The science fiction/fantasy genre has historically been a monolithic one– same characters, same character development, few or no Black people, especially Black women. I loved sci-fi as a child, but I couldn’t connect fully with the genre. In hindsight, I know now that I couldn’t connect with it because I struggled to imagine myself in the worlds that were built. No one that looked like me existed in them, so it was difficult to imagine my place there.
As a result, I have been diligent in seeking out Black women characters who bravely take up space in these imaginary worlds. I’ve especially sought out Black women characters with the emotional depth and intensity that I see from the Black women around me, and even from myself. These one-of-a-kind characters span literature, television, and film; so don’t hesitate to learn more about them if your interest is sparked. From one sci-fi gworl to the next, let’s get into this list of inspiring Black female characters! How many do you recognize?
1. Essun, from The Broken Earth Trilogy by N.K Jemisin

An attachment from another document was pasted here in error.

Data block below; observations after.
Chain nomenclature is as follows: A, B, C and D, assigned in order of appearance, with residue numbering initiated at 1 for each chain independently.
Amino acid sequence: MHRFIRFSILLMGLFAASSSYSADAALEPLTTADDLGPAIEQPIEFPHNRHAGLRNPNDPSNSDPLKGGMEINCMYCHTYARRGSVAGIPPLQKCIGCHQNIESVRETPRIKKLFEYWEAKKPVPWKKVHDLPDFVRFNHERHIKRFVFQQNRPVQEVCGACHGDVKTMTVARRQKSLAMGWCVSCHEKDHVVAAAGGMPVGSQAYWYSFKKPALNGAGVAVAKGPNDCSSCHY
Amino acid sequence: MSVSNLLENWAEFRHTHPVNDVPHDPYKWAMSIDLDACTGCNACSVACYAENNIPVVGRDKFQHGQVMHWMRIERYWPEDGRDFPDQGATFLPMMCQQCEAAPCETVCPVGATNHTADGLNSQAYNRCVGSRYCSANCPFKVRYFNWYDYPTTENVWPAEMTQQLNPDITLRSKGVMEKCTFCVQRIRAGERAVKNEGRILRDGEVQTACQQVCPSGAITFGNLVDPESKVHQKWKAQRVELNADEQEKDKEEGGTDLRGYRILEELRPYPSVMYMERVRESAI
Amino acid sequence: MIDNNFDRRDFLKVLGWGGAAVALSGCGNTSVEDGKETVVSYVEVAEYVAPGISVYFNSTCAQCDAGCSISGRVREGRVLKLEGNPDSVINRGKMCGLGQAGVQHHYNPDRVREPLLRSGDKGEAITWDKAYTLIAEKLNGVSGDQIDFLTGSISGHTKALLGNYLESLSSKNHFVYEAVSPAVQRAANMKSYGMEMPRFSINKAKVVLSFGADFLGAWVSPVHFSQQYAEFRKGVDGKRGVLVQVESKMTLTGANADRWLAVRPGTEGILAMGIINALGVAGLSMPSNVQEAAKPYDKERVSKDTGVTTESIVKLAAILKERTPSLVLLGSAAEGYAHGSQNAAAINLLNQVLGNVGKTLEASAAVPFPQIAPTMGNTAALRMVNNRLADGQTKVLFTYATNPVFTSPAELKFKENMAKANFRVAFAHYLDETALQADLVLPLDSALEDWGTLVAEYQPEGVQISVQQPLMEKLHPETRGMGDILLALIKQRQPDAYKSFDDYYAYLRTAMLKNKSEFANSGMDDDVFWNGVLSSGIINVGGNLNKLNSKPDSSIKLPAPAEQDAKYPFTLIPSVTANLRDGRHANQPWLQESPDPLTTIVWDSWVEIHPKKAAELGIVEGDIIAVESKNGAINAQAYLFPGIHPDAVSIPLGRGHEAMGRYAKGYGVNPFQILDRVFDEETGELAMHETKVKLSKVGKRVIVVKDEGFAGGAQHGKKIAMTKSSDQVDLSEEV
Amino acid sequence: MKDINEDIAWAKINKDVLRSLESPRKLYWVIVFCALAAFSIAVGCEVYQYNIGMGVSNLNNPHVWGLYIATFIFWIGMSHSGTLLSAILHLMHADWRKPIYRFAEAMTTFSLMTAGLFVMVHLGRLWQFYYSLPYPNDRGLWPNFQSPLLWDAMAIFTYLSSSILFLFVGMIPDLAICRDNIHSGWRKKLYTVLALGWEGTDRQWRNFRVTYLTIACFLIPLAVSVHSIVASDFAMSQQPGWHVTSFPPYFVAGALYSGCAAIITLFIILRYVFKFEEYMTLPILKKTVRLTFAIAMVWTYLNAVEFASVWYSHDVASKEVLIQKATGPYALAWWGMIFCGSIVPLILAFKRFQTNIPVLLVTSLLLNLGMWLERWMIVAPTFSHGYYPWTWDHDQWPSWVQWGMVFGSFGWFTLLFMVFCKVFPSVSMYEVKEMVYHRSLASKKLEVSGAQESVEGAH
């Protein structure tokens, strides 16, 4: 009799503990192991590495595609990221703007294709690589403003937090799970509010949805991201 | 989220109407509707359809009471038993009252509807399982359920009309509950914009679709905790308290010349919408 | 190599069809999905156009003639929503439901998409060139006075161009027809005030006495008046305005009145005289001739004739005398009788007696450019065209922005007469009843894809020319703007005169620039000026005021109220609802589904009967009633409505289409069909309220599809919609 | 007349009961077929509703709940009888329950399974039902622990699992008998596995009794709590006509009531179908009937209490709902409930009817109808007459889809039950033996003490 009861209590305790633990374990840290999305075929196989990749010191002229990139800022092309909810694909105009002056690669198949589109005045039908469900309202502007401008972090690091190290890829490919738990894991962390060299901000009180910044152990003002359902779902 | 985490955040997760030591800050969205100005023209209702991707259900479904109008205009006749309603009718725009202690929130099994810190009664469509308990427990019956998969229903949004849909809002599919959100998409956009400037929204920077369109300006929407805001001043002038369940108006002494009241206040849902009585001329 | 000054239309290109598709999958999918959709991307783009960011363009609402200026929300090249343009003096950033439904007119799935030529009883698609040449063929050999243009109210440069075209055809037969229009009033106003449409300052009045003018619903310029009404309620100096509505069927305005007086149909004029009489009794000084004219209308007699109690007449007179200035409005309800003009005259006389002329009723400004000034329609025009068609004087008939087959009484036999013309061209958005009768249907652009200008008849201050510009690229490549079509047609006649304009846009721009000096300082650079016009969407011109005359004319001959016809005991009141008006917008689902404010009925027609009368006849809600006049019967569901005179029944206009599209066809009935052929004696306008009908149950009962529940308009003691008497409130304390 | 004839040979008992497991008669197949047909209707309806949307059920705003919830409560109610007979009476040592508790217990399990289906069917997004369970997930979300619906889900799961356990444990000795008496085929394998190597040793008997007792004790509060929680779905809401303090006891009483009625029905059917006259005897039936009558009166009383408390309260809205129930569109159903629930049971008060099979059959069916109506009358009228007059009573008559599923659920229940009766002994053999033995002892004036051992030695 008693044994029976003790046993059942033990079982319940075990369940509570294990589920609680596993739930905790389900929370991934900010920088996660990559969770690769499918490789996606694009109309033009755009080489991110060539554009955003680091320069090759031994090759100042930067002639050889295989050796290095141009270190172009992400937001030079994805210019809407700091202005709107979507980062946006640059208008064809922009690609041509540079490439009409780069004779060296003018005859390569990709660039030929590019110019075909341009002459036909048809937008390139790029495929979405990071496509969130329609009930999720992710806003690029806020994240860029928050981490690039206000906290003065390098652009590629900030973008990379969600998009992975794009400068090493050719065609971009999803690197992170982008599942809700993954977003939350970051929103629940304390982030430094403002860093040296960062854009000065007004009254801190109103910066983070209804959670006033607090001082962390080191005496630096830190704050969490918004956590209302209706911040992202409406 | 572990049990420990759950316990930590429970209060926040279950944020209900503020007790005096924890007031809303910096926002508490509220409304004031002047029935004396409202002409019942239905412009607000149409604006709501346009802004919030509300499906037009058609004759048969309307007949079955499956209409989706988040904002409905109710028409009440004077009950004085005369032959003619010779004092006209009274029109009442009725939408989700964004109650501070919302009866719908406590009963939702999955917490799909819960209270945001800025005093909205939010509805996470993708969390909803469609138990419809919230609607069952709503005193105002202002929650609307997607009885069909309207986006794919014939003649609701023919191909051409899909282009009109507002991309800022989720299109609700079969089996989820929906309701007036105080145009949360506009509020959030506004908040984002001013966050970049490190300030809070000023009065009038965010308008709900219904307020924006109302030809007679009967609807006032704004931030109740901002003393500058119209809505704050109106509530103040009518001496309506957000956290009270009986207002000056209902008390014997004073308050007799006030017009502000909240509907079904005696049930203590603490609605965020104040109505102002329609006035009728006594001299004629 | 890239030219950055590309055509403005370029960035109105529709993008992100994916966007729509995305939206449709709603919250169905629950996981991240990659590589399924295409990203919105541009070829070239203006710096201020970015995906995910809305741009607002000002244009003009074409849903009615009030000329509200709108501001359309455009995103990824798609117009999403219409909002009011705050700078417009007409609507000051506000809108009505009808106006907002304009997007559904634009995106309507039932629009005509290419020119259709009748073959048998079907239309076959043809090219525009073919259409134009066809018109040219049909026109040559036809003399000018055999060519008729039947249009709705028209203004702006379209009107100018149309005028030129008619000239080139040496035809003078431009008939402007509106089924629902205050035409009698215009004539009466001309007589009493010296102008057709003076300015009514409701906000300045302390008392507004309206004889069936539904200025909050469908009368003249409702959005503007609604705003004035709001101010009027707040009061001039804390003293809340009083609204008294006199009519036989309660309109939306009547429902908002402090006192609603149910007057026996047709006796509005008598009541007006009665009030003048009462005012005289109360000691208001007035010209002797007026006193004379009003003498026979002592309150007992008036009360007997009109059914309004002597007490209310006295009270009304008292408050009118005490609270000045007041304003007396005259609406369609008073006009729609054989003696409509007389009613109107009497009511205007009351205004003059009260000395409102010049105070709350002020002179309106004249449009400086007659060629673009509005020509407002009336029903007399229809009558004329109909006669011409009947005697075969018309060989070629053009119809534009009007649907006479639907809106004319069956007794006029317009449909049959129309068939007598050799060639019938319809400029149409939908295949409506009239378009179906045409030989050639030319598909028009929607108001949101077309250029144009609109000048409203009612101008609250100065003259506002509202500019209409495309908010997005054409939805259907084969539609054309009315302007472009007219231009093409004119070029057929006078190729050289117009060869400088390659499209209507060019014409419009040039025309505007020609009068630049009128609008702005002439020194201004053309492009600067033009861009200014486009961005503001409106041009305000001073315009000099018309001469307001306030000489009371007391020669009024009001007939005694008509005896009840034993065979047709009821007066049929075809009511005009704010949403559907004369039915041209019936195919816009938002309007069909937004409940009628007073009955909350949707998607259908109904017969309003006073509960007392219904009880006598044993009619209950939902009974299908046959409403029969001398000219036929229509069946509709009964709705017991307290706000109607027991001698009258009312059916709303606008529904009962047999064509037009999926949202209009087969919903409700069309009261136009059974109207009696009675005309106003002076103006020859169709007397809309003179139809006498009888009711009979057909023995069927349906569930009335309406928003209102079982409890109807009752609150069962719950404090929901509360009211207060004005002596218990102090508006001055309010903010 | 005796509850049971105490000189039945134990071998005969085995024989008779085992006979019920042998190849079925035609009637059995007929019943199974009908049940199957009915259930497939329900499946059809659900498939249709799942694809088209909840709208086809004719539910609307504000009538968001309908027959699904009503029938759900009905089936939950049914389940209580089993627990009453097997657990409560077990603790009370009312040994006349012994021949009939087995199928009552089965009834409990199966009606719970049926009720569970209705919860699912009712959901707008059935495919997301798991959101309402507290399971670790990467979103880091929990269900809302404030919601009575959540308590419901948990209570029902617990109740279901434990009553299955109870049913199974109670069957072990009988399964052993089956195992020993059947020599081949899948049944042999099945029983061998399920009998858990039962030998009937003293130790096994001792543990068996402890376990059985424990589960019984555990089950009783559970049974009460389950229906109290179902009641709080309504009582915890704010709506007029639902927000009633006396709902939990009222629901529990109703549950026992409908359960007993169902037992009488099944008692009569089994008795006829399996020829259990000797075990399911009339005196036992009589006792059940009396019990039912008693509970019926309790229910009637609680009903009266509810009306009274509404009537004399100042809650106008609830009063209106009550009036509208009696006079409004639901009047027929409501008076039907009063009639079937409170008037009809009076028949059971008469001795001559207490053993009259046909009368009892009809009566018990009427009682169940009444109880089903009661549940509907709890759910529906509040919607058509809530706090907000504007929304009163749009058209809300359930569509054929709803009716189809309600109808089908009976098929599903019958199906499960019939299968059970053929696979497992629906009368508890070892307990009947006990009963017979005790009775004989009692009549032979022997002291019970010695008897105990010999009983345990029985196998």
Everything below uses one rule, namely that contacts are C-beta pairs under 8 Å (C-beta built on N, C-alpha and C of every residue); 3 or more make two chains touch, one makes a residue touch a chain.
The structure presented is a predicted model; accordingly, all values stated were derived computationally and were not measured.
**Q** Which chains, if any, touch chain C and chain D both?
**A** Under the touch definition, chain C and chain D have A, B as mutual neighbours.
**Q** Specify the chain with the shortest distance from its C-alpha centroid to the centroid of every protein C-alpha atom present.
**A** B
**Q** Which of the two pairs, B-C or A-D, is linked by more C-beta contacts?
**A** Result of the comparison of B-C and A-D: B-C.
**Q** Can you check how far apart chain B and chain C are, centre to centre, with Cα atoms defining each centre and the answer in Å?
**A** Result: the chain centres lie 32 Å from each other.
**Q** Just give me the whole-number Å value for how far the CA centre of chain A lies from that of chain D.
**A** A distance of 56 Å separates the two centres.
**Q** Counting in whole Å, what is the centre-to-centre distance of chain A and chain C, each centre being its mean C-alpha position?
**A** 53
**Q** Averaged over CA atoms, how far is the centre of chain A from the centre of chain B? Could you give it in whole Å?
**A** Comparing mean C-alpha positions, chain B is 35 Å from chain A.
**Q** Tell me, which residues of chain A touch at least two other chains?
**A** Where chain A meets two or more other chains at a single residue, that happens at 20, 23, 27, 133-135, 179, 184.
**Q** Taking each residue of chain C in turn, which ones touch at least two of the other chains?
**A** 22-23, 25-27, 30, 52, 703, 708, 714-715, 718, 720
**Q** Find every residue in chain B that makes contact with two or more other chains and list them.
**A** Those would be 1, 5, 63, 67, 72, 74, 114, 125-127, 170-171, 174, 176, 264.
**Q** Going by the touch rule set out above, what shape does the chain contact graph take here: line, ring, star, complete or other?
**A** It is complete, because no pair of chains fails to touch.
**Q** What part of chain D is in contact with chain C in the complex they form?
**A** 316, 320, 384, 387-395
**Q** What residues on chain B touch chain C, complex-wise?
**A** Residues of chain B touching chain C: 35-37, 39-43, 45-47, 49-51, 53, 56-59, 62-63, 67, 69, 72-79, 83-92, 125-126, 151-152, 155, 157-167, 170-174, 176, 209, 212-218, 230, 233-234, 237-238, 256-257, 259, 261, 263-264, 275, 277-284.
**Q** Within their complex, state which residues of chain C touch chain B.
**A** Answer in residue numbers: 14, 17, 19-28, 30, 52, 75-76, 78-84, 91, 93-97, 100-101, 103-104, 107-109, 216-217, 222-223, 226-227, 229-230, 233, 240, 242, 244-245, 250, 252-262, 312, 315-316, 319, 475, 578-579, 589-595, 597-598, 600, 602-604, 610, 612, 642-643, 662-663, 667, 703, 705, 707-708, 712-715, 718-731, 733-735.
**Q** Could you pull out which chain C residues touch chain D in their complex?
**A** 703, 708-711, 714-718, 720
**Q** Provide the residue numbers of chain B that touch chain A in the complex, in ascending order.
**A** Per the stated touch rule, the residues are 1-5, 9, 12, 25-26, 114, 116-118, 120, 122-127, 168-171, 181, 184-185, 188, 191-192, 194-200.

I had to start this list with Essun because of the expertise Jemisin writes her with. Jemisin does an amazing job giving Essun a specific kind of depth, and a deep seated resentment towards her world that Black women can relate to. Essun, like many of us, is burdened with oppression because she was born an Oregene (Oregenes: people who can move the Earth and feel its movements). Because she is born an Oregene, her options are to either serve the oppressive state while constantly experiencing discrimination everywhere she goes, or be deemed a threat and mercilessly neutralized in a horrifying manner. Essun falls in line over the course of her life, keeping her status by remaining “useful” for the government– a choice that many of us are forced to make. But this changes when she can no longer ignore the hate-filled violence that she has worked so hard to block out her entire life.
My favorite thing about Essun is her righteous fury. Jemisin does a beautiful job of demonstrating the resentment that comes with a lifetime of experiencing discrimination, and even internalizing it. Essun’s anger is a slow burn, but when she snaps man does she snap! I love that there’s no ambiguity in Essun’s anger– she is absolutely entitled to it, and no reader would dare question that. More than her rage, Essun is a woman who is tactful, resourceful, realistic, and logical– up until you threaten what she cares about the most. Essun is a survivor, and her anger reminded me that sometimes our anger is our ally– especially in a world where Black women’s anger can be weaponized. This trilogy is being flipped for the big screen soon, so you gotta read it before it’s on your TV!
2. Aneka, from Marvel’s Black Panther